An investment in our children's education is an investment in our country's future. The importance of providing our children the best possible education cannot be overstated, especially as so many Americans battle economic hardship. That’s why I have made modernizing and improving our school system a top priority during my time in Congress.
I was proud to support the bipartisan reauthorization of the Elementary and Secondary Education Act, which fixes the broken “No Child Left Behind” law and provides vital federal funding to states and local school districts to help improve K-12 education around the country. Included in the final bill was my bipartisan amendment to prevent the removal of important standards for classroom paraprofessionals and ensure that our students are being taught by qualified individuals, was included in the final bill. As a member of the House Appropriations Committee, I have worked to increase funding for Preschool Development Grants, Head Start, and other education programs. I have supported policies that would make it easier for students to attend college by fighting for an extension of the Perkins Loan Program, which offers low-interest federal loans for undergraduate and graduate students with exceptional financial need. Finally, as founder and co-chair of the bipartisan International Basic Education Caucus, I have worked to increase international basic education programs and boost understanding of global education challenges.
Affordable and accessible education is one of the most important issues facing our country. I will continue fighting in Congress to develop innovative and pragmatic policies that support our teachers and ensure all children have fair and equal access to a high quality education.
As a champion of STEM education, Rep. Quigley announced Ava Hollis, a freshman at York High School, as the winner of the Congressional App Challenge for Illinois’ Fifth Congressional District.
Rep. Quigley launched the bipartisan International Basic Education Caucus to boost support in Congress for international basic education programs and increase understanding of global education challenges.
Rep. Quigley supported passage of the bipartisan reauthorization bill for the Elementary and Secondary Education Act.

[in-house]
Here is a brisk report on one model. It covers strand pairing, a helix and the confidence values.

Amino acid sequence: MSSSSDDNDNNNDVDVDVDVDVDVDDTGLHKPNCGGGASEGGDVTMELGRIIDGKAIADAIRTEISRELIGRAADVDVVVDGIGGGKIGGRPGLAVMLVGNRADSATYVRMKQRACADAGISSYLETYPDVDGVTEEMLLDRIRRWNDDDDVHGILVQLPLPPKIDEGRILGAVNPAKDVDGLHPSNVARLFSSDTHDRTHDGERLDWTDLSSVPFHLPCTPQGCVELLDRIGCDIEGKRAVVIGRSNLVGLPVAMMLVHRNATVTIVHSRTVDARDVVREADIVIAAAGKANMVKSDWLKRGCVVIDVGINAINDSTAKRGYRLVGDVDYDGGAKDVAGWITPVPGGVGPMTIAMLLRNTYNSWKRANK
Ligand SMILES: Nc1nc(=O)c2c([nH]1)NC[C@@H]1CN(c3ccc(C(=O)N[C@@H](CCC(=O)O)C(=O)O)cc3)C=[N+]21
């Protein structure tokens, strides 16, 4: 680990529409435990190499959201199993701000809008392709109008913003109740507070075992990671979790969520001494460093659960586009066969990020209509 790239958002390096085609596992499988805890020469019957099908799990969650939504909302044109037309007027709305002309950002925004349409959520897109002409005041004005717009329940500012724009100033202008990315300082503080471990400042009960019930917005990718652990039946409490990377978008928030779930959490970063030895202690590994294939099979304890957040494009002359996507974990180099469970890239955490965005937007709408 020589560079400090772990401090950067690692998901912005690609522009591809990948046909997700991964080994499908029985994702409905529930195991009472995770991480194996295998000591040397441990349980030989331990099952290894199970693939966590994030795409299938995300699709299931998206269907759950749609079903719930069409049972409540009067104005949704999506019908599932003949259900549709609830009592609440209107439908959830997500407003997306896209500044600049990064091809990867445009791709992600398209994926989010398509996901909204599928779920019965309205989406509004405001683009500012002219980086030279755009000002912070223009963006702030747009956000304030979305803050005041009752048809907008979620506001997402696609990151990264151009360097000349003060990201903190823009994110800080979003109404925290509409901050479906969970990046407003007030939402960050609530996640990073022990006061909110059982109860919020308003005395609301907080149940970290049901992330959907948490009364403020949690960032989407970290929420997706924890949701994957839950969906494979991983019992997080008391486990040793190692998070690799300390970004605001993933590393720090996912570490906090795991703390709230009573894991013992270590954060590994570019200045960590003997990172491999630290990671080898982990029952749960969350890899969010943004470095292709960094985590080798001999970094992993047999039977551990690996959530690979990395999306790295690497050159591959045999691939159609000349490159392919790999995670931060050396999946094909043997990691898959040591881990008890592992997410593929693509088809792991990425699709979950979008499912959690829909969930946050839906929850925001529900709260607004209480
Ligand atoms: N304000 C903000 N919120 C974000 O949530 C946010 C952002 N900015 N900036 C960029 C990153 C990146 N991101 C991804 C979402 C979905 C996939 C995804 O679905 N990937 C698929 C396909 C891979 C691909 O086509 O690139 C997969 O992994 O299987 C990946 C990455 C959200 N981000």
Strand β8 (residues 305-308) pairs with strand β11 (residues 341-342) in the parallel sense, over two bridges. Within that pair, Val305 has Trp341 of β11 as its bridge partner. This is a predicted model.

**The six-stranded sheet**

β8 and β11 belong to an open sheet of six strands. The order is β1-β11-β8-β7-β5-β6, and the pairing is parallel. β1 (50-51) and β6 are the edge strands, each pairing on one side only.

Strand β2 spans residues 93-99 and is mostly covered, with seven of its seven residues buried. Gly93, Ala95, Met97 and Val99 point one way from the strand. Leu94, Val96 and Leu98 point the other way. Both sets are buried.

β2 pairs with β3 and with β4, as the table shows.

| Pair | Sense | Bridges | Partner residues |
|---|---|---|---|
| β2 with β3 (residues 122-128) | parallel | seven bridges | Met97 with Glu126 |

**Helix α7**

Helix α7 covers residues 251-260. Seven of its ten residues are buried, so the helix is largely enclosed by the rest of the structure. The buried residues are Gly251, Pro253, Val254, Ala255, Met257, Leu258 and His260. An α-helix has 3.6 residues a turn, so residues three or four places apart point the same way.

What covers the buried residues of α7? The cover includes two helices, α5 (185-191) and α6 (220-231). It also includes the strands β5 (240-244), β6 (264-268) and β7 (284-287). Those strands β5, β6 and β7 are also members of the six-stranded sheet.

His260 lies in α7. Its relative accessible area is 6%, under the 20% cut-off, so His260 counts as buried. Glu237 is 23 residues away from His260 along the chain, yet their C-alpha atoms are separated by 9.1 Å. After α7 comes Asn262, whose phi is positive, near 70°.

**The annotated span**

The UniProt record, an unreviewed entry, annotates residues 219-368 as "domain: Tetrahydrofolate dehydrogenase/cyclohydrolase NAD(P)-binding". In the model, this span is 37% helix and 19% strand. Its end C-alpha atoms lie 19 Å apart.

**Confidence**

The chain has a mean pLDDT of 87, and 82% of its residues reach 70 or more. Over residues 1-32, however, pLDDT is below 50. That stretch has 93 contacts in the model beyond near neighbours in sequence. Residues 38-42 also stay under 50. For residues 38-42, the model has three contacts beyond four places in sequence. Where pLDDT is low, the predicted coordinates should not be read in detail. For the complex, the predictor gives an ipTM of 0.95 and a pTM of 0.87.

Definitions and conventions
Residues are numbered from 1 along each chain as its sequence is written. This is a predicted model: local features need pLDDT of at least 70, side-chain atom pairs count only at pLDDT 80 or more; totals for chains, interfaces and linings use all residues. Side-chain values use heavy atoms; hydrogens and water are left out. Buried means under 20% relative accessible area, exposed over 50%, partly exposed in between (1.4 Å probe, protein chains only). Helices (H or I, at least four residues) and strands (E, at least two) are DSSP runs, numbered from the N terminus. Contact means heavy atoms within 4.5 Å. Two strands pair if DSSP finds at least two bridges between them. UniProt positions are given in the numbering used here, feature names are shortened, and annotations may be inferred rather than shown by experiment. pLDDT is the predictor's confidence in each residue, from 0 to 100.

More on Education
Language authored by U.S. Representative Mike Quigley (IL-05) to bring an end to the use of child labor in the cocoa industry was approved by the House Committee on Appropriations today. The initiative was inspired by a meeting Quigley held with a class at Bell Elementary School. The class shared their report on the use of child labor by the cocoa industry and asked that Quigley act, leading directly to the inclusion of this provision in the FY22 Labor-Health and Human Services bill.
Today, U.S. Representatives Mike Quigley and Jan Schakowsky, along with members of the Illinois Delegation, and alumni of Loyola University Chicago, introduced a resolution honoring Loyola’s 150th Anniversary, which officially took place earlier this month on September 5, 2020.
Representatives Mike Quigley (D-IL), Chrissy Houlahan (D-PA), and Brian Fitzpatrick (R-PA) introduced the Global Learning Loss Assessment Act. This bipartisan, bicameral legislation aims to identify the scope of one of the most significant secondary impacts of the COVID-19 pandemic: education loss.
U.S. Representative Mike Quigley (IL-05) sent a letter to Representative James Clyburn (SC-06), Chairman of the Subcommittee on the Coronavirus Crisis and House Majority Whip, expressing strong concerns about possible misuse of Coronavirus Aid, Relief, and Economic Security (CARES) Act funds by United States Secretary of Education Betsy Devos. He cited dramatic changes that have been made to the plan for the distribution of funds, in an apparent effort by DeVos to advantage small, private, often religious schools.
U.S. Representatives Mike Quigley (IL-05), Brian Fitzpatrick (PA-01), and Nita Lowey (NY-17) urged the U.S. Agency for International Development (USAID) to include education and distance learning opportunities for children in USAID’s response to COVID-19. In a letter to USAID Administrator Mark Andrew Green, the lawmakers argued that 1.5 billion student’s education has been interrupted by the pandemic.